U.S. awards fish passage contract for stalled Elk Creek Dam

The Corps of Engineers awarded a $7.9 million contract to an Oregon firm to cut a fish passage notch through the partially built Elk Creek Dam northeast of Medford, Ore.

The Corps’ Portland District announced March 14 it awarded the contract to McMillen-McDougall of Tualatin, Ore. The firm submitted a proposal in response to a solicitation for the work. (HNN 12/11/07)

Legal challenges halted construction of the dam in the 1970s, although Congress eventually appropriated funds to resume construction in fiscal year 1985. However, dam completion subsequently was halted by an injunction that the Corps chose not to contest further.

McMillen-McDougall is to design and carry out a project to remove a section of the dam and return Elk Creek to its original alignment and gradient through the resulting notch. The Corps said the notch and creek realignment provide the most cost effective and biologically sound way of providing �hands-off� mitigation of coho salmon and other native fish through the project area.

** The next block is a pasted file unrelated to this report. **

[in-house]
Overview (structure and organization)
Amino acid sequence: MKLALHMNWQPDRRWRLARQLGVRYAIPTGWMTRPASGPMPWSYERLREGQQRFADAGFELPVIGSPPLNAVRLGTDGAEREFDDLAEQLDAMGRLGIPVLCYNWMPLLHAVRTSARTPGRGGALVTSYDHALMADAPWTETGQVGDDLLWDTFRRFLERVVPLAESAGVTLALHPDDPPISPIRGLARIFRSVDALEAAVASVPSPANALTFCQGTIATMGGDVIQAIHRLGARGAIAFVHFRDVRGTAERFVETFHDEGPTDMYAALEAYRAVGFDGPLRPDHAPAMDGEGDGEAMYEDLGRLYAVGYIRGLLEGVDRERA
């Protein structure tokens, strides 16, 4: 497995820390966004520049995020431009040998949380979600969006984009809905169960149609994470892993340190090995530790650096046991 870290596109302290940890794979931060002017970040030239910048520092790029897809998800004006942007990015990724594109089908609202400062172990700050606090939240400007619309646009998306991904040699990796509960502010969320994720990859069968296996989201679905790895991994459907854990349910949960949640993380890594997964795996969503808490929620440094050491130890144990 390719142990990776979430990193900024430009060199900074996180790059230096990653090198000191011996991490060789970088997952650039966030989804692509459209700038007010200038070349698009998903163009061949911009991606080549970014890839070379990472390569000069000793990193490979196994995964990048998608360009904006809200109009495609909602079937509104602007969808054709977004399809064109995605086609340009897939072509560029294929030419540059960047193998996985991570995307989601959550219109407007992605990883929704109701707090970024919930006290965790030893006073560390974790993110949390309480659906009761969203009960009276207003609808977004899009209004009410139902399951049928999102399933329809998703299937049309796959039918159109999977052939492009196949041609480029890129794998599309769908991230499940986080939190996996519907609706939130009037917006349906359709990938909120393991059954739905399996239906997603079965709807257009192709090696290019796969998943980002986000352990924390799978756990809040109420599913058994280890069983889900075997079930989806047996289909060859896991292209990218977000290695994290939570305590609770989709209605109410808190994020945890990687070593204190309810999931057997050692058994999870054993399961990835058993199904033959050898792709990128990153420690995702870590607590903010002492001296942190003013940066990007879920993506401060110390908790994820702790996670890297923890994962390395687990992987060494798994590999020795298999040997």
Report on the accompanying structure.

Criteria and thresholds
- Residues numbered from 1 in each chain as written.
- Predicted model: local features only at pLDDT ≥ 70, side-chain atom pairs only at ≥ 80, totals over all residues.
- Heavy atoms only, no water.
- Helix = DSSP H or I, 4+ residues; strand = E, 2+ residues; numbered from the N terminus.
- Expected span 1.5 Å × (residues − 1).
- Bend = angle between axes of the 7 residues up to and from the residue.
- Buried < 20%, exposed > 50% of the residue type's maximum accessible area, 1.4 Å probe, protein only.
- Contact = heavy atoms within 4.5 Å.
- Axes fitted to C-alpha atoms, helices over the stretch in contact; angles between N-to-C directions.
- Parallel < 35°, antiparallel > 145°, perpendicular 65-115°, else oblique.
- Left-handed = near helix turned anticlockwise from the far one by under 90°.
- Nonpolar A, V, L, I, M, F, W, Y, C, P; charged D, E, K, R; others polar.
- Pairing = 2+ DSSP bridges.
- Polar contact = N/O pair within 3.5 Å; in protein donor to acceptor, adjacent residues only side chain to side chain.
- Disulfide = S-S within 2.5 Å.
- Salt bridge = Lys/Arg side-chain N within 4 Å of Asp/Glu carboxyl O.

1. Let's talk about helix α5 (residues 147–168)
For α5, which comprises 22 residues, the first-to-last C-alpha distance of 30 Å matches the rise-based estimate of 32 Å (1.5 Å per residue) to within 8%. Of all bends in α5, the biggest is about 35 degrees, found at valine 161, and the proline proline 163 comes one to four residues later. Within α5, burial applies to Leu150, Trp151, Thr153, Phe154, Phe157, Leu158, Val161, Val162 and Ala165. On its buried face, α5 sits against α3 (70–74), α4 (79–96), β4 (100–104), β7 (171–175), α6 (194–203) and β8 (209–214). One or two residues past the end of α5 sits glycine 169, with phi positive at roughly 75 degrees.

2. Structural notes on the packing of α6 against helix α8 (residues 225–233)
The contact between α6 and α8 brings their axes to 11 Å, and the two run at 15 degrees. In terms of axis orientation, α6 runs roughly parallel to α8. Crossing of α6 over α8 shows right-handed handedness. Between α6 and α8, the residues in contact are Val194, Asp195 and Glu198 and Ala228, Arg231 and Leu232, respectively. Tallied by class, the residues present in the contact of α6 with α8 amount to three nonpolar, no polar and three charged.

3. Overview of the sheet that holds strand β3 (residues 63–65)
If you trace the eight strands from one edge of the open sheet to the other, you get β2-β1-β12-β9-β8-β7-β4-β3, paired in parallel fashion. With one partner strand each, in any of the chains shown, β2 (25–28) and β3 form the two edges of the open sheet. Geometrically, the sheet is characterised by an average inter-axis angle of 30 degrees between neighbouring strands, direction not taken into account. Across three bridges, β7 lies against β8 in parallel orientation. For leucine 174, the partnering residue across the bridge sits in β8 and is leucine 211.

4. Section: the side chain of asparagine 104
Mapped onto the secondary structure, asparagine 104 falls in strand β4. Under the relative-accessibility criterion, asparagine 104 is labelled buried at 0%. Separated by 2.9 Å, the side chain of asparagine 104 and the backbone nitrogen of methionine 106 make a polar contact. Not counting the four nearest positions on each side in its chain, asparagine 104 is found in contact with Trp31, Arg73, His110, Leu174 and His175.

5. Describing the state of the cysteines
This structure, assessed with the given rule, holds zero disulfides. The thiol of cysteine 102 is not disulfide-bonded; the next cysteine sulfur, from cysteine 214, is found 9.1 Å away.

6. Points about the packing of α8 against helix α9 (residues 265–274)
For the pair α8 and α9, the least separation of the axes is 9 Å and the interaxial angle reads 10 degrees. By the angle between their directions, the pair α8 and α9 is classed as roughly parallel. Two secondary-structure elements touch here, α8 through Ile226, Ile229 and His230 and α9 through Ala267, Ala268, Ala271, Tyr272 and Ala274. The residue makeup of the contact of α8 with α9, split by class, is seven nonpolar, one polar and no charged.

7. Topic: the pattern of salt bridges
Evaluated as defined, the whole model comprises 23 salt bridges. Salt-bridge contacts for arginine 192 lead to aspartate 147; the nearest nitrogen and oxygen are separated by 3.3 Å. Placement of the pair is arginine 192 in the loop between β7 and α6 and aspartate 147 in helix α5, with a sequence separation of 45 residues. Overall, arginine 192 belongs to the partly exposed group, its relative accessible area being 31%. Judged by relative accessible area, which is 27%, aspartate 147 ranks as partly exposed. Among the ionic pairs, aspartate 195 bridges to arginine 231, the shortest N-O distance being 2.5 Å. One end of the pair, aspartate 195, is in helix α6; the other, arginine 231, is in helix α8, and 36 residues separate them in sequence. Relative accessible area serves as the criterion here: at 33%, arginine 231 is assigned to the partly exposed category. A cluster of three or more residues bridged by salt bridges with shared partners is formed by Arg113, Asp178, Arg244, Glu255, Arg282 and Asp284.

Work is expected to start in mid-May, with most of the construction of the notch itself occurring between early June and late July, the Corps said. The creek is expected to be restored to its original channel and a fish trap-and-haul facility removed by mid-September.

The Corps asked McMillen-McDougall to keep as much of the dam structure intact as possible, so that it could be incorporated into any future construction that might be authorized. The Corps included that provision in the contract in response to concerns expressed by local government leaders and agencies, who said future flood control and water storage might be needed.

�This project will provide passive fish passage that meets our responsibility under the Endangered Species Act, while still preserving the majority of the federal investment should future generations decide the dam should be completed,” Portland District Commander Col. Thomas O’Donovan said.

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